For more than a century, Marco Casol's family in Italy has been in the gelato business. Now he is working to expand gelato's popularity around this continent.
Casol is the 37-year-old leader of PreGel America, the Concord-based North American headquarters for an Italian company that supplies ingredients for gelato. Gelato is Italian for “frozen” and is a low-fat, low-calorie alternative to its other freezer rival, ice cream.
PreGel's products can be found from the MGM Grand Hotel in Las Vegas to Cafe Mia in Huntersville's Birkdale Village. The company supplies powders, natural flavors, pastes, toppings, and fillings for gelato and other specialty desserts.
The Italian company set up shop in Charlotte in 2002, then moved its North American headquarters to Concord in May. It has about 40 employees.
The company already invested $15 million in that site – which includes distribution, training, marketing and administration – and has told Cabarrus County officials it intends to spend another $12 million to $16 million for expansion. The timing of that work depends on when contracts with certain customers can be completed, Casol said.
PreGel is projecting U.S. sales of $15 million for this year. The company sells to more than 1,000 gelato cafes, hotels, bakeries, coffee shops and other customers and offers extensive training at its Concord headquarters.
While gelato was first introduced to America in the 18th century, and has resurfaced periodically over the years, it remains a relatively untapped market. Casol estimates that there are about 800 or so standalone gelato shops in the United States.
Casol spoke to the Observer last week about the company. The conversation has been edited for clarity and brevity.
Q. Why do you think your business will do well in the current economy?
It's very important to be realistic and approach the market with flexibility to overcome difficult times. You will always find opportunities, even in a recession. There will always be people, particularly in bad times, who look for new opportunities.
We are lucky. In business, especially in bad times, people tend to go to very decadent products because they find relief and enjoyment out of that. And fortunately, our product is healthy as well. We talk a lot to our customers and to keep up with how they are doing.
Most tell us their shops are well visited because their customers think it is cheaper to go to an ice cream shop than an amusement park. We want to be a partner with our customers, and we need to understand how they move.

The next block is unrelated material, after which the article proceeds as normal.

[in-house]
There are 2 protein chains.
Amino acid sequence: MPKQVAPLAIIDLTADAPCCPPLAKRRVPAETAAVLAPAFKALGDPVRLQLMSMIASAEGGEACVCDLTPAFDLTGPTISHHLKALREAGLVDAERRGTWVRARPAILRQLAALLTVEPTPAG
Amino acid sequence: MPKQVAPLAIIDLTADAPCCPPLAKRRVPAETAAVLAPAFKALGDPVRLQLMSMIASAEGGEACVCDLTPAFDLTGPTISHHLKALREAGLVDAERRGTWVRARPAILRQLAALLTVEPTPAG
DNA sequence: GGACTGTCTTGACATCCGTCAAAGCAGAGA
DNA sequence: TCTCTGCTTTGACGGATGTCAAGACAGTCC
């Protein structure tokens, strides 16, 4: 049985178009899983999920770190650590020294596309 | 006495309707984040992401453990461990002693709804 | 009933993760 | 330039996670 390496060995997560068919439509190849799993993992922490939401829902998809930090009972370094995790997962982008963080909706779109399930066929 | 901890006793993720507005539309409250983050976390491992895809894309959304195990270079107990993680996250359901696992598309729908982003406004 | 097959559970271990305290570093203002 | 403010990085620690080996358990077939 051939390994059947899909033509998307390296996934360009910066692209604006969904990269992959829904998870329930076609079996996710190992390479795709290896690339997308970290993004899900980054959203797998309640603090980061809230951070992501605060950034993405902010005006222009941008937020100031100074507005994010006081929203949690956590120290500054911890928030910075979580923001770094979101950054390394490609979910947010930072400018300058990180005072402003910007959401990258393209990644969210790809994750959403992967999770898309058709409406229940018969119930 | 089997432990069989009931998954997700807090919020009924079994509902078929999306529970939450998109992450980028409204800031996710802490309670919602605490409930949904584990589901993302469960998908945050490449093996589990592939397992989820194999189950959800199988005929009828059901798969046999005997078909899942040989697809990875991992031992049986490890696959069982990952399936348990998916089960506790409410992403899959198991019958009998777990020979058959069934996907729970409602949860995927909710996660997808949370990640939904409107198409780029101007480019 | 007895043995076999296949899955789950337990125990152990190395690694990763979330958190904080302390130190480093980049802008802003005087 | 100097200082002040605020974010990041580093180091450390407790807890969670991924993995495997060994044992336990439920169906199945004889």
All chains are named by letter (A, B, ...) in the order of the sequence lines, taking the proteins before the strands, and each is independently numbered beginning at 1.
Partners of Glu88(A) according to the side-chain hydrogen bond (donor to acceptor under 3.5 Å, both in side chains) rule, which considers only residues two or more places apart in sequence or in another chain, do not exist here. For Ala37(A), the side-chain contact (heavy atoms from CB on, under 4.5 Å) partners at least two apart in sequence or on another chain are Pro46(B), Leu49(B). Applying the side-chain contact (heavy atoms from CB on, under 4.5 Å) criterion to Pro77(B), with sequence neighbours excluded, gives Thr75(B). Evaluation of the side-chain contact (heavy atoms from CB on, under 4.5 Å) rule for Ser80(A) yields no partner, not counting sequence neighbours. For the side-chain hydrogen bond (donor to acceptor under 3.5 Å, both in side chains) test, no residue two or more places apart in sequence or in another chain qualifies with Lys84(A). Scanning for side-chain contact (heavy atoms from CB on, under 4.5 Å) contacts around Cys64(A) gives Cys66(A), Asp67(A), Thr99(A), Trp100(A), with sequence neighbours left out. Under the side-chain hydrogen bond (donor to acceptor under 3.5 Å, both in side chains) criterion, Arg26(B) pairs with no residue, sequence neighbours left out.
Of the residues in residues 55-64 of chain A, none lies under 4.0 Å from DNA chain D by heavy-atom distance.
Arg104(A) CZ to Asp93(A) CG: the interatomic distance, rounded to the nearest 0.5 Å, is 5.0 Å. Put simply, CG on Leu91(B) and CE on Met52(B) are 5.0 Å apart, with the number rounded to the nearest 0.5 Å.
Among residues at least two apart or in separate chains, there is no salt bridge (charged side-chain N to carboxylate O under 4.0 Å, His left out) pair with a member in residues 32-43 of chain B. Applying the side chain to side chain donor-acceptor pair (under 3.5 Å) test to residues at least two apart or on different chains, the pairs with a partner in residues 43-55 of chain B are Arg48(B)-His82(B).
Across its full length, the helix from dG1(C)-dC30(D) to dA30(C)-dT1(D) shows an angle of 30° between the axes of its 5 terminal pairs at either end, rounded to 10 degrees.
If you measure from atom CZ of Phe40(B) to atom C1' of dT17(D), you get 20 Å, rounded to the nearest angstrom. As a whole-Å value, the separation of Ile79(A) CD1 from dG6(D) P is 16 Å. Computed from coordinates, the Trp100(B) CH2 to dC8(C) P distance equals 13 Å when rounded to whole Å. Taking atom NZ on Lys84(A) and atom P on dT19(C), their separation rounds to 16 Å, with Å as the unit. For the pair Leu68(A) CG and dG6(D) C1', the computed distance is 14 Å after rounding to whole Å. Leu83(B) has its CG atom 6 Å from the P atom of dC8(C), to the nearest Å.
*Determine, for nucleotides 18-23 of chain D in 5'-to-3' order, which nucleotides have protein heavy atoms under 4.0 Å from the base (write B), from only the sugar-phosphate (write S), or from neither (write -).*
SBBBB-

Q. How long did it take your business to get established in this country?
We started with a very small office on East Boulevard. It took a couple of years to get established, and we are still working on it because we are planning to grow. The first two or three years were difficult. But we identified markets by attending seminars and other events. I tried to show the success stories.
And we have a lot of commitment to customer training (for making gelato, marketing, business plans.) Especially in times like this, it's important to teach people to do it right.
Q. What is the biggest challenge facing you now, and how do you deal with it?
The challenge is to have people invest, to set up a gelato store. Fortunately we are able to show them the costs and returns on the investment, and we are not going to urge anyone into anything that's not right. By being honest and good communicators, we are able to communicate the passion and commitment.
A standalone gelato stand, the start-up costs are $150,000 and up. If you have an existing store, you can do it for $30,000. We still have customers opening new stores because it is an up-and-coming market. People want to be pioneers and leaders in their local markets.
Q. How do you develop new flavors, and what are some of the strangest flavors?
We have a very strong research and development team. All they do is work on new flavors, look at trends. Every year they develop a certain number of novelties to help customers. We have a lot of exotic fruit flavors, pomegranates, pink guava and chile chocolate. We also do a rose flavor. A lot of restaurants like that in their desserts. You'll always find a market for any single flavor.
Q. What advice do you have for people considering the gelato business?
There is no bad time or good time. If you believe in what you do and have the right amount of passion and commitment, the customer will react to that. I wouldn't let the economy affect the decision on whether to open a store. If you offer a quality product, and the business plan is good, you'll be successful.